The stakes are high. In the past decade the number of mobile subscriptions worldwide has grown sixfold to 4.6 billion and Ericsson chief executive Hans Vestburg predicted at the opening of the Mobile World Congress that there will be three billion new mobile broadband subscriptions in the next five years.
Ericsson forecasts that by 2015 mobile PC subscriptions will have grown six times and the traffic generated will grow more than 50 times compared with the end of 2009,”Vestberg said at a press conference on the opening day of the show. In the same period, the company said it expects smart phone devices to grow four times and the traffic they generate to expand by a factor of 25.
Trouble is the world’s operators are not reaping the hoped-for benefits. The increased competition over mobile broadband customers has in many markets resulted in mobile broadband prices plummeting to a level where customers can acquire a mobile broadband connection at the same price -or even cheaper – than a traditional broadband connection. In countries where mobile broadband has the highest penetration the price of mobile broadband connections are sometimes lower than the price it costs the operator to produce, market and sell the broadband service, says Strand Consult, a mobile consultancy based in Denmark.
What’s more, the services operators hoped to sell on top of the basic subscriptions are not resonating with consumers. A pan-European survey published Feb. 9 by British mobile consultancy CCS Insight found that mobile network operators and services such as Nokia’s Ovi are losing the battle to define the mobile Internet experience, despite the huge sums they’re pouring into sites that compete with the familiar Web names.
The survey, conducted in December among a sample of 5,000 mobile phone owners aged 16 to 35 in France, Germany, Italy, Spain and the United Kingdom, found that over 60% of mobile Internet users are ignoring specifically tailored portals created by mobile operators as well as Nokia’s Ovi. It is little wonder then that there is a huge focus on applications and a concerted effort to attract the developer community at this year’s Mobile World Congress.
Not to be outdone, device makers, who are also facing challenges from Apple and Google, opened the show with developer -focused announcements of their own. Samsung launched a phone at the Congress based on a proprietary Linux platform called Bada. Samsung says it will make the applications environment for Bada open to developers in order to make it easier for them to develop applications for Samsung phones. Sony Ericsson made a similar move, announcing on the eve of the Congress a new application environment called Creations that will run across its handset range. Analysts say it is not clear that either handset manufacturer will attract significant developer interest.
Of course, operators and handset makers are hedging their bets by attempting to work with Google. Huawei and Sony Ericsson are among those launching Android phones at the Mobile World Congress. These phones will have to compete in the marketplace with Google’s own Nexus One phone. Google has the upper hand. Without Google Apps, Android devices lose a key selling point, which hands most of the power of the platform to Google, despite the fact that the underlying operating system is free and open source, says Nomura Securities’ Windsor. He put it this way in a recent research note: “If the value of the platform is to be found in the natively coded Google applications then it is Google who will control the platform as the popularity of the applications will force the vendors simply to follow, competing with each other only in hardware.”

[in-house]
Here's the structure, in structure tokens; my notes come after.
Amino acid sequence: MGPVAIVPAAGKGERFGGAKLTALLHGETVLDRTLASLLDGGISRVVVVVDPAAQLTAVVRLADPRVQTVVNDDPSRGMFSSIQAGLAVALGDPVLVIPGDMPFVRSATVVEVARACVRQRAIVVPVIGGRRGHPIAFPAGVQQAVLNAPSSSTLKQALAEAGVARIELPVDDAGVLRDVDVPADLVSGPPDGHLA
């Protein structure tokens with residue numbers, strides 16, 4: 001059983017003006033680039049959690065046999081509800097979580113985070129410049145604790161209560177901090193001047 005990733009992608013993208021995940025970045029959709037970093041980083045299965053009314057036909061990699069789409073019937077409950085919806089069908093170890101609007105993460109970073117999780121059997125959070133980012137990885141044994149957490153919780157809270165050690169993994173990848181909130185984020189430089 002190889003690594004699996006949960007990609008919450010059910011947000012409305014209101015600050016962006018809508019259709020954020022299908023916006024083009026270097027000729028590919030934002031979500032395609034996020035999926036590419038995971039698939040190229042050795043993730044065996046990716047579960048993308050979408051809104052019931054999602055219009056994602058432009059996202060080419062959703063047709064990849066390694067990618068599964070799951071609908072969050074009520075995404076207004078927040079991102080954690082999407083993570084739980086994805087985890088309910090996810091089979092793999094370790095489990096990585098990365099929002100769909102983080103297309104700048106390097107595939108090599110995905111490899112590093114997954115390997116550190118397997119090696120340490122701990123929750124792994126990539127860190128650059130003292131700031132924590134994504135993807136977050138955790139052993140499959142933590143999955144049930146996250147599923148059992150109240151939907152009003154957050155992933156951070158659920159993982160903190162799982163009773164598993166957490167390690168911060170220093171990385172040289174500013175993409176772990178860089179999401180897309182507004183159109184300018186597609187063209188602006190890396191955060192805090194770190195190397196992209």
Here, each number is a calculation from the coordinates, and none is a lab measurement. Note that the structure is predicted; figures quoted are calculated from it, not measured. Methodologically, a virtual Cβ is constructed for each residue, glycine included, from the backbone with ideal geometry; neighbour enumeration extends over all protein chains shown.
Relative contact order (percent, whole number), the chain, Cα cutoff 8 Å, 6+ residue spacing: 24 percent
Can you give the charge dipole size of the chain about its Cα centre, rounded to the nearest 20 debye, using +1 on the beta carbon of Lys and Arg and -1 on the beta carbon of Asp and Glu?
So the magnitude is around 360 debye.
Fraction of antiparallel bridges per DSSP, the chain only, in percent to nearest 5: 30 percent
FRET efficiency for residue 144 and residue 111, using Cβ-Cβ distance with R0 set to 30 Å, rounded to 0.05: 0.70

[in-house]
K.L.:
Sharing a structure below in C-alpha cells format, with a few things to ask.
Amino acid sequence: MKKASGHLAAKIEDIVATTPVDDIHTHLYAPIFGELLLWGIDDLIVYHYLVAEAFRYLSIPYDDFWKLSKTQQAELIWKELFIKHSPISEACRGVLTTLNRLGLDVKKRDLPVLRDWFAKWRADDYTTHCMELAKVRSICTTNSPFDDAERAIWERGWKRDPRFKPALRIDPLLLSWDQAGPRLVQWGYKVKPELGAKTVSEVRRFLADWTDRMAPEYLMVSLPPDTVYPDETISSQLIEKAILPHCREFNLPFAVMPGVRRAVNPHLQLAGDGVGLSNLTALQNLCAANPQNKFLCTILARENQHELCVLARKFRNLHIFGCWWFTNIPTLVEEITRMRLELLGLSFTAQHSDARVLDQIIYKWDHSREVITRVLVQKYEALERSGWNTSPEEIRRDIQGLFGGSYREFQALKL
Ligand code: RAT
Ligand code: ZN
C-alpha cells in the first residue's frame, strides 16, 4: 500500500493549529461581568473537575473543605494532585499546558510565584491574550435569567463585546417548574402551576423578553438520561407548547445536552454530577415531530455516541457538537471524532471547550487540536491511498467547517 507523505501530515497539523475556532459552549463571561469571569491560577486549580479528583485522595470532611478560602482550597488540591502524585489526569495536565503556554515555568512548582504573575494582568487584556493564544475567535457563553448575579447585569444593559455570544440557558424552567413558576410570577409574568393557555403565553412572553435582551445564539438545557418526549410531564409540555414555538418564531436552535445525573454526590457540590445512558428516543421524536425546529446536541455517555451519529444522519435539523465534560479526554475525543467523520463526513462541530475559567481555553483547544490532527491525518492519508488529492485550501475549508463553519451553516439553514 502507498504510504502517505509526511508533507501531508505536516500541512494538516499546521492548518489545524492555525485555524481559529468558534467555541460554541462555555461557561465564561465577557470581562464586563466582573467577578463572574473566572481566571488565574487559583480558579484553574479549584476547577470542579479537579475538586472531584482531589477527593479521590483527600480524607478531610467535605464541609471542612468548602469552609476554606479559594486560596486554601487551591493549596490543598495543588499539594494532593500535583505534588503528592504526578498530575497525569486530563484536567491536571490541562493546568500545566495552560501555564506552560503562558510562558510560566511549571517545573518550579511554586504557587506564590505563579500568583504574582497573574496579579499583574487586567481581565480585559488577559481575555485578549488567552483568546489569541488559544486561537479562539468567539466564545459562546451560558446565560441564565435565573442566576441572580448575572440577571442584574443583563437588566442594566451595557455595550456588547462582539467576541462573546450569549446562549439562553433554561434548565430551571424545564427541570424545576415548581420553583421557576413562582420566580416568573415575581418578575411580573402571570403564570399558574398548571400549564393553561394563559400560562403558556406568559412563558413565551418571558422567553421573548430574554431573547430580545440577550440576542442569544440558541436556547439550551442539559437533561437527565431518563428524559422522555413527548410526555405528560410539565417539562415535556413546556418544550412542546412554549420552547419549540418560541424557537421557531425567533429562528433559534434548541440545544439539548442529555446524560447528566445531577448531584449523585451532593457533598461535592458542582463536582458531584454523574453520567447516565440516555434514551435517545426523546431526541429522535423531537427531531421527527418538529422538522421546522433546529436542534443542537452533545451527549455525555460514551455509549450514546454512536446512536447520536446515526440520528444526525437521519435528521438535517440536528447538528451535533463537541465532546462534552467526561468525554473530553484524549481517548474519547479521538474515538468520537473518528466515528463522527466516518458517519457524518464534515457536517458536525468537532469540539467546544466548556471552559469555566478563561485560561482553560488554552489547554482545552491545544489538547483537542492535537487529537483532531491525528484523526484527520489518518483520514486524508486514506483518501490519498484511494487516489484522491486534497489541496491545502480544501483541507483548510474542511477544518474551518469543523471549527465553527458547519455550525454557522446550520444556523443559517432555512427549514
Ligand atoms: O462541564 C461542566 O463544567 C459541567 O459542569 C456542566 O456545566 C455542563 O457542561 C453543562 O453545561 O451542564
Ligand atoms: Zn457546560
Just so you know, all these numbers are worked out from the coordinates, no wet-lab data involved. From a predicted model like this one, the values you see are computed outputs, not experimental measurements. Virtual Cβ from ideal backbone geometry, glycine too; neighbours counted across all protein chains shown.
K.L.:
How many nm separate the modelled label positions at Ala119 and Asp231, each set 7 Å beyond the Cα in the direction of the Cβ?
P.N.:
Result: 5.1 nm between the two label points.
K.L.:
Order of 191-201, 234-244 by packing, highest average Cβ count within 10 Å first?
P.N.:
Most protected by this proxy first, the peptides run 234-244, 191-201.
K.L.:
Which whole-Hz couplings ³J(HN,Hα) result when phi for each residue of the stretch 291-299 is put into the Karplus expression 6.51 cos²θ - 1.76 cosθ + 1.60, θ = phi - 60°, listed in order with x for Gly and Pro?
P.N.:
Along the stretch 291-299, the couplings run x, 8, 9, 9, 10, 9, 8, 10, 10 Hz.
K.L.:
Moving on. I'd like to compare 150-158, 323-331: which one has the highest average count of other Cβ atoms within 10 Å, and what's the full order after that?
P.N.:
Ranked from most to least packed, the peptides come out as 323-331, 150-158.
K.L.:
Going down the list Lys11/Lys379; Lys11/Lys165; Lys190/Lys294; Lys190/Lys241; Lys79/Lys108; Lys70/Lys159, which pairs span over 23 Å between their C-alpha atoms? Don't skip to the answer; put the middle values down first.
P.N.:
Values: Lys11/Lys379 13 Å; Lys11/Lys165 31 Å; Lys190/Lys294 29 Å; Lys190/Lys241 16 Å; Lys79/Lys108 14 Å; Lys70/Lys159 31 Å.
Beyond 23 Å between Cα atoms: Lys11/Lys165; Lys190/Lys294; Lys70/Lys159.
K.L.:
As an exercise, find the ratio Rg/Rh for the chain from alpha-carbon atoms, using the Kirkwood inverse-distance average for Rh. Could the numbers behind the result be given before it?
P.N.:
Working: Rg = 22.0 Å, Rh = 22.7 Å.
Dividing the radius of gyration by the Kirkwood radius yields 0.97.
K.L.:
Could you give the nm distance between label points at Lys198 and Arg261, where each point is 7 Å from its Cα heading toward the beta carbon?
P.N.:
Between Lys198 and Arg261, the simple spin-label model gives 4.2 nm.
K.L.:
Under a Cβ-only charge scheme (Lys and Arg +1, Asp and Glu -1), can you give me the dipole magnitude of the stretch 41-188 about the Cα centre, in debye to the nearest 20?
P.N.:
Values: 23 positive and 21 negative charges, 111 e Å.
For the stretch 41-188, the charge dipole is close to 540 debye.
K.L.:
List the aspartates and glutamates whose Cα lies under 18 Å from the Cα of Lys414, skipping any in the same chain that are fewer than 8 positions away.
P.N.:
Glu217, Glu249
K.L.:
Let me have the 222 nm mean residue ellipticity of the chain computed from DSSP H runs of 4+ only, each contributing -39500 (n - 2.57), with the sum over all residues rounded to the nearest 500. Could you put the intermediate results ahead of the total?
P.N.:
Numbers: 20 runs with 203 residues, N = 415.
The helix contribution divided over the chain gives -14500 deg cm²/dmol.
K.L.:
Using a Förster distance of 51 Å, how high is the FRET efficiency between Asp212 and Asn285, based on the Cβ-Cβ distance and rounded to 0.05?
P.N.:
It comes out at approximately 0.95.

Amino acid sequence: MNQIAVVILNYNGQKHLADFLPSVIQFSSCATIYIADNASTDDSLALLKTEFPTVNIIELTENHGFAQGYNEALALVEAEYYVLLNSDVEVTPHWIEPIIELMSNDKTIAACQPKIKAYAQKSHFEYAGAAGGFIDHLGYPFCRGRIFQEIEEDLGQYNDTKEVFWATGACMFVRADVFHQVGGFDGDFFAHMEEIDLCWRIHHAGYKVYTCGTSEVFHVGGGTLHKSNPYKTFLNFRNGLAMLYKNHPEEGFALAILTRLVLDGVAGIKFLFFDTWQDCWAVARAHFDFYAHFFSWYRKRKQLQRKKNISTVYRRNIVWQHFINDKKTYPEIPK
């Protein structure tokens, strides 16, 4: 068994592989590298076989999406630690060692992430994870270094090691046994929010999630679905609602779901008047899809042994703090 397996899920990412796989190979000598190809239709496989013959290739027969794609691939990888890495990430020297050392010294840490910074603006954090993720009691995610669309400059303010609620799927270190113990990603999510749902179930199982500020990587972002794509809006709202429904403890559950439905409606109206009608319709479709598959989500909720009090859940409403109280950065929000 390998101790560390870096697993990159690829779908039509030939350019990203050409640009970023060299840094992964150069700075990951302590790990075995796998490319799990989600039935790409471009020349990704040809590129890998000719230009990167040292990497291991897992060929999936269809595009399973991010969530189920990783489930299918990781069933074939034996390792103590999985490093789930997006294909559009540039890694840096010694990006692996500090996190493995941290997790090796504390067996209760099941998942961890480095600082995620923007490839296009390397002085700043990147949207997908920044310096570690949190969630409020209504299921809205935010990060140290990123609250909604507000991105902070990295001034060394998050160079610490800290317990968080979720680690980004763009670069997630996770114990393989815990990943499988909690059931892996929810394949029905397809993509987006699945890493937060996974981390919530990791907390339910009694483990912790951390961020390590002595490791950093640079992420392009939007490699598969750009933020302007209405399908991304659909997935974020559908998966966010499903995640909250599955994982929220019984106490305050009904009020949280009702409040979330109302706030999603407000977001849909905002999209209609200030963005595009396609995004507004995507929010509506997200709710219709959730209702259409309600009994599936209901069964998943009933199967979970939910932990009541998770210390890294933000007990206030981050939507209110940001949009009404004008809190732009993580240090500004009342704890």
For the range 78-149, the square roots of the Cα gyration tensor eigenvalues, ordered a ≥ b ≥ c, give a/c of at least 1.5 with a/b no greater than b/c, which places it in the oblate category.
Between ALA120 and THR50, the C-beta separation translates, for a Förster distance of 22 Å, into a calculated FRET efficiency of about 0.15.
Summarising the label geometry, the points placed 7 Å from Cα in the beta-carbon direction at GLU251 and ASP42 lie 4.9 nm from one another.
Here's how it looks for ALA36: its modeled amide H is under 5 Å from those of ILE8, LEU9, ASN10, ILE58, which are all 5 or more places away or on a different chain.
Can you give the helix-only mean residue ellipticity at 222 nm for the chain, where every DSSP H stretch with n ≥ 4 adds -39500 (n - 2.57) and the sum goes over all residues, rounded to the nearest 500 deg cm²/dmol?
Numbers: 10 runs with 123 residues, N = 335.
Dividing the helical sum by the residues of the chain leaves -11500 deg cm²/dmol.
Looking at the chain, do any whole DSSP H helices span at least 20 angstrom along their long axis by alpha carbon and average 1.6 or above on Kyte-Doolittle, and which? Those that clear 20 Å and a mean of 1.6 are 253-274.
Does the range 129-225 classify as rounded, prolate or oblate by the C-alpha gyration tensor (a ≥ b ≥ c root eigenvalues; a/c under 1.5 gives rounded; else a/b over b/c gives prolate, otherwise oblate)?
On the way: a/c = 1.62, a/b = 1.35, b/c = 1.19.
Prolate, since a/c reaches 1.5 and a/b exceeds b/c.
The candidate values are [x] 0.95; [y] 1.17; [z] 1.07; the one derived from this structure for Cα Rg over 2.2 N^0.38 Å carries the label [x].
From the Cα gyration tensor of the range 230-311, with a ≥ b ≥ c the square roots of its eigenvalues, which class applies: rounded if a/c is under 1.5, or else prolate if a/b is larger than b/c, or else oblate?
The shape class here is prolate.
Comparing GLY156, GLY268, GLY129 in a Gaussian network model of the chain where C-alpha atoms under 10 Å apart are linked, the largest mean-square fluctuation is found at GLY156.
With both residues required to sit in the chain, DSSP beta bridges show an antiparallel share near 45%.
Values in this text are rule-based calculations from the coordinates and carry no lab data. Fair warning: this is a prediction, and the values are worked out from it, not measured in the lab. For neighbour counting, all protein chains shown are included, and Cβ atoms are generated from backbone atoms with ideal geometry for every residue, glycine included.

For its part Vodafone separately announced Feb. 15 the availability of a “Vodafone People” application for Android phones. The Vodafone People application, part of a suite of Vodafone 360 services, the global operator’s name for its mobile Internet services, allows users to automatically and wirelessly synch all of their contacts from their phone and aggregate social network feeds, chat and email accounts into one single, connected address book. Vodafone expects Android phone users to download the application from Google Marketplace and then register with Vodafone 360.
That may seem like a risky strategy but operators need to spread their bets in order to regain control of their subscribers, says Paolo Pescatore, director of operator strategy at consultancy CCS Insight. Vodafone, for example, is supporting Symbian, iPhone and Android operating systems. “They realize there is a choice out there so they are embracing the whole ecosystem,” says Pescatore.”The bottom line for a company like Vodafone is they are still at an experimental stage and it is not an easy feat, it is increasingly competitive and there is a real need to differentiate.”
If the industry doesn’t move fast enough to differentiate their offerings from the likes of Apple and Google it may find itself not only sharing a stage in Barcelona but an increasingly larger share of the mobile sector’s revenues.